So far, we have considered the study, fellowship, and worship of the early church, for it is to these characteristics Luke says the first believers devoted themselves. Yet, it seems to me, these are aspects of the internal life of the church; they tell us nothing about its compassionate outreach to the world.
However, it was, as a result of their devotion to these three aspects of their deepening relationship with the Lord that He added to their number daily those who were being saved. And so, my fourth point is that they were an evangelistic church. Just as their worship was daily, vs46a, so was their witness.
Those early Christians weren’t so preoccupied with learning, worshipping, and serving that they forgot about witnessing. For the Holy Spirit is a missionary Spirit who created a missionary church. Evangelism must play a central part of our everyday life if we wish to be an authentic expression of a Christian community in the 21st C.
It’s interesting that Bishop Stephen, in his most recent book: ‘On Priesthood: Servants, Shepherds, Messengers, Sentinels and Steward’ (which took him nine years to write) suggests that clergy should see evangelism as their primary calling – and he’s soon to be an Archbishop! Suddenly I don’t feel out of place at all! But Bishop Stephen is not saying anything new. Canon Robert Warren, a former Archbishop’s advisor on Evangelism, said:
Mission should dominate the life and worship of a church.
Jesus never instituted the church to be a social club for Christians to be a holy huddle, we are called to live in a wider community than the church community.
It’s so easy to become caught up in the ‘bubble’ of being church, with our friendships and lifestyle so rooted in church life that we lose sight of the world around us. I realise that’s probably not the case at the moment. I’m encouraged when I hear stories of church members shopping for their neighbours, etc., all of this is our witness to the world. Be sure to keep in contact with your non-church friends as well as your church friends.
There is no doubt that these are testing times. A radical shift in how we ‘do’ church has been forced upon us in ways that are completely out of our control. We are still adjusting. The world we inhabit has changed overnight.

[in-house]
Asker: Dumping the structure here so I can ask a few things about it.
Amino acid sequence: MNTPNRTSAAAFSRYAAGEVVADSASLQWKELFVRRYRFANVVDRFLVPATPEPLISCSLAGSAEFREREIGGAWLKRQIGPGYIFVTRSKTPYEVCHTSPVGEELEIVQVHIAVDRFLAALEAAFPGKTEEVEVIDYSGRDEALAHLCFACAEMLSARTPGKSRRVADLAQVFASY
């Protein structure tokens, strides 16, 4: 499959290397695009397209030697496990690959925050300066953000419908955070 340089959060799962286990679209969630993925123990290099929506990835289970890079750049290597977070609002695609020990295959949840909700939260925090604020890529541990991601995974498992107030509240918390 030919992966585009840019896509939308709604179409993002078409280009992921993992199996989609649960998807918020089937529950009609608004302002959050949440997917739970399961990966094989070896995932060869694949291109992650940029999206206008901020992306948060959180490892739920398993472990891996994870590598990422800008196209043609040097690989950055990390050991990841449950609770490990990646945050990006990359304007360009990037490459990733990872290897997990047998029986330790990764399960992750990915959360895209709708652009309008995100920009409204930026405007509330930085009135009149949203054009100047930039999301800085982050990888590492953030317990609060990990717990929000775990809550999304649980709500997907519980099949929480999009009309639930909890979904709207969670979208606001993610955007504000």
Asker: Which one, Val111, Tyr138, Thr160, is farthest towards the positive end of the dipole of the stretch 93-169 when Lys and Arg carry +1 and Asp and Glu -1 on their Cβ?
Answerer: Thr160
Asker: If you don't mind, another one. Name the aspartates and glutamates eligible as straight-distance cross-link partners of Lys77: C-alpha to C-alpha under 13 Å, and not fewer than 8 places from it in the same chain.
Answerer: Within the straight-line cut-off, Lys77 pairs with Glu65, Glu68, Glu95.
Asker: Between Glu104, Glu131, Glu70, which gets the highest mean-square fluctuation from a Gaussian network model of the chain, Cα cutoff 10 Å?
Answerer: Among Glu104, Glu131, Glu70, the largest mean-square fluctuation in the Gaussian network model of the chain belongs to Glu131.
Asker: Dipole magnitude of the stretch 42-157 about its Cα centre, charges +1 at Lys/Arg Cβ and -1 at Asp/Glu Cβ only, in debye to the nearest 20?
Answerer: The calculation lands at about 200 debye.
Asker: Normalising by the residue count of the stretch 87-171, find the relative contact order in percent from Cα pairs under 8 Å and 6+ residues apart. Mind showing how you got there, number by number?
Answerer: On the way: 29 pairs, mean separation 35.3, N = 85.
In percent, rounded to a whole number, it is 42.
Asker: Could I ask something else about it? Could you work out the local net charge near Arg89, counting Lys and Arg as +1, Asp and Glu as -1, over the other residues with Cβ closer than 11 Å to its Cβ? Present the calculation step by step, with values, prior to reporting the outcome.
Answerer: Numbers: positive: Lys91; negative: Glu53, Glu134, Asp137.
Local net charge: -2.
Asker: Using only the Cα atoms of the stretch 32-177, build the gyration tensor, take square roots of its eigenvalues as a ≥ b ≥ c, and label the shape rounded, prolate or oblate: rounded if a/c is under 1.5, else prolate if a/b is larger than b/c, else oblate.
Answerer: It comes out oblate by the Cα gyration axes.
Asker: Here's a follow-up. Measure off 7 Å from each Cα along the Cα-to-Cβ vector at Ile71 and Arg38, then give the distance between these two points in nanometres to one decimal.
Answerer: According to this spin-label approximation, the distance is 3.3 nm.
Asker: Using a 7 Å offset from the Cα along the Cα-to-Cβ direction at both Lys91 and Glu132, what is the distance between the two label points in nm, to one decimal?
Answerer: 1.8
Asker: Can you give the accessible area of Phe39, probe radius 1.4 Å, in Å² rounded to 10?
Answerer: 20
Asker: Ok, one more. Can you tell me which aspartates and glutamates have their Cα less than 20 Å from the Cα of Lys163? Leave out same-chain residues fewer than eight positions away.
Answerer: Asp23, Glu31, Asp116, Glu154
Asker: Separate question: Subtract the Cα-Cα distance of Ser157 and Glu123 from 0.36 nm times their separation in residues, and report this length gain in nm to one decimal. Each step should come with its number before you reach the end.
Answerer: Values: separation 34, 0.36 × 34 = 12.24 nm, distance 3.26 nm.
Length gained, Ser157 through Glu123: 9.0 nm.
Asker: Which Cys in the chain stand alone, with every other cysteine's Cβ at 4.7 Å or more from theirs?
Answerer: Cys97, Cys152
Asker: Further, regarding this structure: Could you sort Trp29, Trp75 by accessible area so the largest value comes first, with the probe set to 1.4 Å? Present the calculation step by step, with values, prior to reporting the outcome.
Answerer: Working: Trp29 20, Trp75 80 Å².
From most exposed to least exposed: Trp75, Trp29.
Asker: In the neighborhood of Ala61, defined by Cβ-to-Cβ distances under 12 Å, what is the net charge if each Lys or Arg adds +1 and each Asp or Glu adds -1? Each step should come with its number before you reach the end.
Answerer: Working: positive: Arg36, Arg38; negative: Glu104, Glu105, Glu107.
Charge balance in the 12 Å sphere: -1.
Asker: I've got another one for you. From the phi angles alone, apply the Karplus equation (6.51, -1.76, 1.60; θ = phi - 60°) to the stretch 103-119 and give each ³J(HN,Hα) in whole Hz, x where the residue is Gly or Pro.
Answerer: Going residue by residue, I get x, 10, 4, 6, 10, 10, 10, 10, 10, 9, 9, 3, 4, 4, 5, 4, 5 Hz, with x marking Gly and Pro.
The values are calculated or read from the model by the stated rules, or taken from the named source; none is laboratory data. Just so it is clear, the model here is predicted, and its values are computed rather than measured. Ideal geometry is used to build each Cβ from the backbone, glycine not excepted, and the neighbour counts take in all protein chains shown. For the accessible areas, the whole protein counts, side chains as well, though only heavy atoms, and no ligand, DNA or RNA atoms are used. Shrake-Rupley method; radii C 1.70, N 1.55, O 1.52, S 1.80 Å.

Times of crisis can are often the times of renewal for the Church and they can be for us if we trust God to lead us in this new and uncertain world. I believe this time is a time in which the very nature of what it means to be church is open to questions and open to experimentation.
Those early Christians were living in a time of crisis, but their lives were transformed by their experiences of meeting the risen Jesus and through the anointing of, and the indwelling of, the Holy Spirit. As a result, the early Church was a spirit filled church, and:
- They were devoted to being a learning church, eager to receive the apostles’ instructions and to obey what Jesus and the apostles taught.
- They were devoted to being a worshipping church both in the temple and in the home, in the breaking of bread and in their prayers.
- They were devoted to being a serving church and they persevered in their support of one another through their loving. caring and sharing.
- They were devoted to engaging in continuous evangelism and being a missionary church.
Whilst, as I mentioned earlier, it’s slightly dangerous to compare our situation to that of the early Church, these four characteristics are, I believe, hugely relevant for the church in any and every generation, to live ‘A Christian Way Of Life’.
What will it mean for us to live these out in the days and weeks and months to come? How does the church remain visible when our buildings are closed? What might this mean for us as a Team Ministry? How will resources be deployed in the future? What might our future priorities be? How will this impact on our structures – both locally and nationally?
I don’t have the answers, but one thing’s for sure, the church of tomorrow will be hugely different from the church of yesterday – even more so. I don’t know about you, but I’m quite excited by the opportunities this will bring our way.